Why bother with a "go-anywhere" mutual fund?
For many investors the answer may be that there's no need. If you have a well-diversified portfolio and a truly long-term focus, your asset mix may suit you just fine.
Older investors who are more fearful of severe losses, however, may have a different view. Ditto for investors who are looking to put money to work now but are wary with many stocks near record highs and with bond yields depressed.
Chris Hauswirth, a principal at investment advisory firm Wetherby Asset Management in San Francisco, said he uses go-anywhere funds for 5% to 10% of some clients' portfolios, as a way to add diversification.
Here are some key questions to ask if you're considering a go-anywhere fund:
•How much flexibility does the manager have? You need to know the fund's basic investing parameters, spelled out in its summary prospectus. How much risk can it take in search of return? What is the fund's specific goal (say, beating a benchmark index)?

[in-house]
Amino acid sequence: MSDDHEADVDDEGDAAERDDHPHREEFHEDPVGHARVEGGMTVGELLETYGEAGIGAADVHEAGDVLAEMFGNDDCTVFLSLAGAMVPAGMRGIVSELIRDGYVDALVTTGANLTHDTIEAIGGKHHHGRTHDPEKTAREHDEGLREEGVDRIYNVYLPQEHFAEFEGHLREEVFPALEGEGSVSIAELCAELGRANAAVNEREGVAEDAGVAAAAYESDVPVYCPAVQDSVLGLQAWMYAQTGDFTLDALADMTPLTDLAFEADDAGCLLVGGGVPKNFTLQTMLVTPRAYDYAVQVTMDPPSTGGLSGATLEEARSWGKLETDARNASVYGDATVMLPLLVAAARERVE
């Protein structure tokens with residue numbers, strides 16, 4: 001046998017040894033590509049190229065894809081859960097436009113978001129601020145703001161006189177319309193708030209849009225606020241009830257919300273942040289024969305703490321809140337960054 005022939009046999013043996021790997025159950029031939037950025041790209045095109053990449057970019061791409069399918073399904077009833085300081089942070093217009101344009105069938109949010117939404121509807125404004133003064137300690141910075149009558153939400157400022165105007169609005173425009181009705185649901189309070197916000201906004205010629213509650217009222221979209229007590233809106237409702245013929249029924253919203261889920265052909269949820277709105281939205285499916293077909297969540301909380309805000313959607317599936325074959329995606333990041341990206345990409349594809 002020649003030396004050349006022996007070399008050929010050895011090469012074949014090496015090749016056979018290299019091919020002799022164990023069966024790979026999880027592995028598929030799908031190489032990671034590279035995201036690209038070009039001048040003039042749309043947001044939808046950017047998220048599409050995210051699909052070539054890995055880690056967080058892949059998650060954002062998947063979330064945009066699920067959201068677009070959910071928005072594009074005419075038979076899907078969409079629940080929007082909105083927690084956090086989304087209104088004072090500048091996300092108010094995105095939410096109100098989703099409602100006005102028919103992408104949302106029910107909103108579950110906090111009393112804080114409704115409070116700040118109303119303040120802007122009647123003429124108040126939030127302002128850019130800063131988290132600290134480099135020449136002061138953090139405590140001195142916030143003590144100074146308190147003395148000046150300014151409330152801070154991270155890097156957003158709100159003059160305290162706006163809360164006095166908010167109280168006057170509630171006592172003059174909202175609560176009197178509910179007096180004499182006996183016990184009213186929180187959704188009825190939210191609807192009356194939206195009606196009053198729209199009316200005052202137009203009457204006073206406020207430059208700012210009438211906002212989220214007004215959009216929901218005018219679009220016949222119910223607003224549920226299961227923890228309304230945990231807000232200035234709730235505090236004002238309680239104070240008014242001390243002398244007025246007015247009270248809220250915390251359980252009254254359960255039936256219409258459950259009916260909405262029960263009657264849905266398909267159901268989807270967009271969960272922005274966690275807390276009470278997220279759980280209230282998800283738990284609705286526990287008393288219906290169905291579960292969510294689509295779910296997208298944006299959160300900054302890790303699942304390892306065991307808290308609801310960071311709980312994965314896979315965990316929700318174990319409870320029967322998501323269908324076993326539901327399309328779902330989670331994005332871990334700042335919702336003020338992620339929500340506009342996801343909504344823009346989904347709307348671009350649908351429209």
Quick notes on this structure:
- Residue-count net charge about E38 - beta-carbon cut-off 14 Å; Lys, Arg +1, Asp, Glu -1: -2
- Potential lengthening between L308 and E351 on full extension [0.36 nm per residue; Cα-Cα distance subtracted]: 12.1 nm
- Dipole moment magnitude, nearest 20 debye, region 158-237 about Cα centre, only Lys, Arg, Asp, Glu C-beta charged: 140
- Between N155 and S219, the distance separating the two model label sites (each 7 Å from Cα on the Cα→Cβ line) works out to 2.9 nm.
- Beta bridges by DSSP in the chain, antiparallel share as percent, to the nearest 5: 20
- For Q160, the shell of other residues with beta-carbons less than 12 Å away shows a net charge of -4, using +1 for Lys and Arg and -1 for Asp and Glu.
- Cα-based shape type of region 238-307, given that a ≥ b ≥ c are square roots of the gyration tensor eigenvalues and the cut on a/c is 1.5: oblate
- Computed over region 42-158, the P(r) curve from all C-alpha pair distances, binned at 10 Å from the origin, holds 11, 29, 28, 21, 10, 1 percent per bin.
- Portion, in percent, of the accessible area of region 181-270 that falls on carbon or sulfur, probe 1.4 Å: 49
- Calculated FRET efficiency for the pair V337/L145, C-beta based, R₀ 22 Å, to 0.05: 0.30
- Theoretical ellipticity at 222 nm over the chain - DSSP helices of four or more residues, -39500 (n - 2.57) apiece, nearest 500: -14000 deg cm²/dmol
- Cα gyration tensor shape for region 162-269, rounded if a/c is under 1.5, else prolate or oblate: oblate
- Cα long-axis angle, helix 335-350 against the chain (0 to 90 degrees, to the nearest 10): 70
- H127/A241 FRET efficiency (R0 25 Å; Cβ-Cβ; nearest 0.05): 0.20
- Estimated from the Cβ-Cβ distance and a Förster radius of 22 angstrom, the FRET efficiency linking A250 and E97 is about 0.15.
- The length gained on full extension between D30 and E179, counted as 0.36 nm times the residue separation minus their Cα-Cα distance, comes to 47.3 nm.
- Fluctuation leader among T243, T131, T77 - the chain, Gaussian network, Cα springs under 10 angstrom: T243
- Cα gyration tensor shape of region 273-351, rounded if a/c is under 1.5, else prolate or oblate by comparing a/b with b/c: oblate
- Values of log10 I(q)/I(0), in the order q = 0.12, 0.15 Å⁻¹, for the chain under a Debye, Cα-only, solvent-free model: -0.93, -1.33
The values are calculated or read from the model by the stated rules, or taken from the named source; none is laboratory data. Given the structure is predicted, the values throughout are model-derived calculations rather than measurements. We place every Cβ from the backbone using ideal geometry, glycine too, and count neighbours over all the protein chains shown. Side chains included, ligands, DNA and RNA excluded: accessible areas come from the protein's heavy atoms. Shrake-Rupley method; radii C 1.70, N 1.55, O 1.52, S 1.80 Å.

"You have to be very selective about who's running the fund and what the track record has been," said Dan Wiener, head of Adviser Investments in Newton, Mass.
Experience counts. "We wouldn't just give any manager that kind of flexibility," said Hauswirth, who said he uses the 20-year-old FPA Crescent Fund as a client option.
•What is the annual expense ratio? This is the cost of running the fund. You can find the fees for any fund on Morningstar Inc.'s free Web pages (plug in the fund ticker symbol at http://www.morningstar.com), as well as Morningstar's view of how the fees compare with those of similar funds.
•Does the fund buy individual securities or is it a "fund of funds" — meaning it buys slices of other funds to build a portfolio? Some funds do both.
•How did the fund perform in the crash year of 2008? If one of the fund's goals is to limit losses, that was the year to do it.
•How patient can you be? "These sorts of funds tend to be contrarian," said Michael Yoshikami, head of Destination Wealth Management in Walnut Creek, Calif. That means they often go against popular market wisdom. "So sometimes they're early."
"You can't be short-term-oriented in any of these funds," Wiener said. "You may be very unhappy for a long time."Copyright © 2015, Los Angeles Times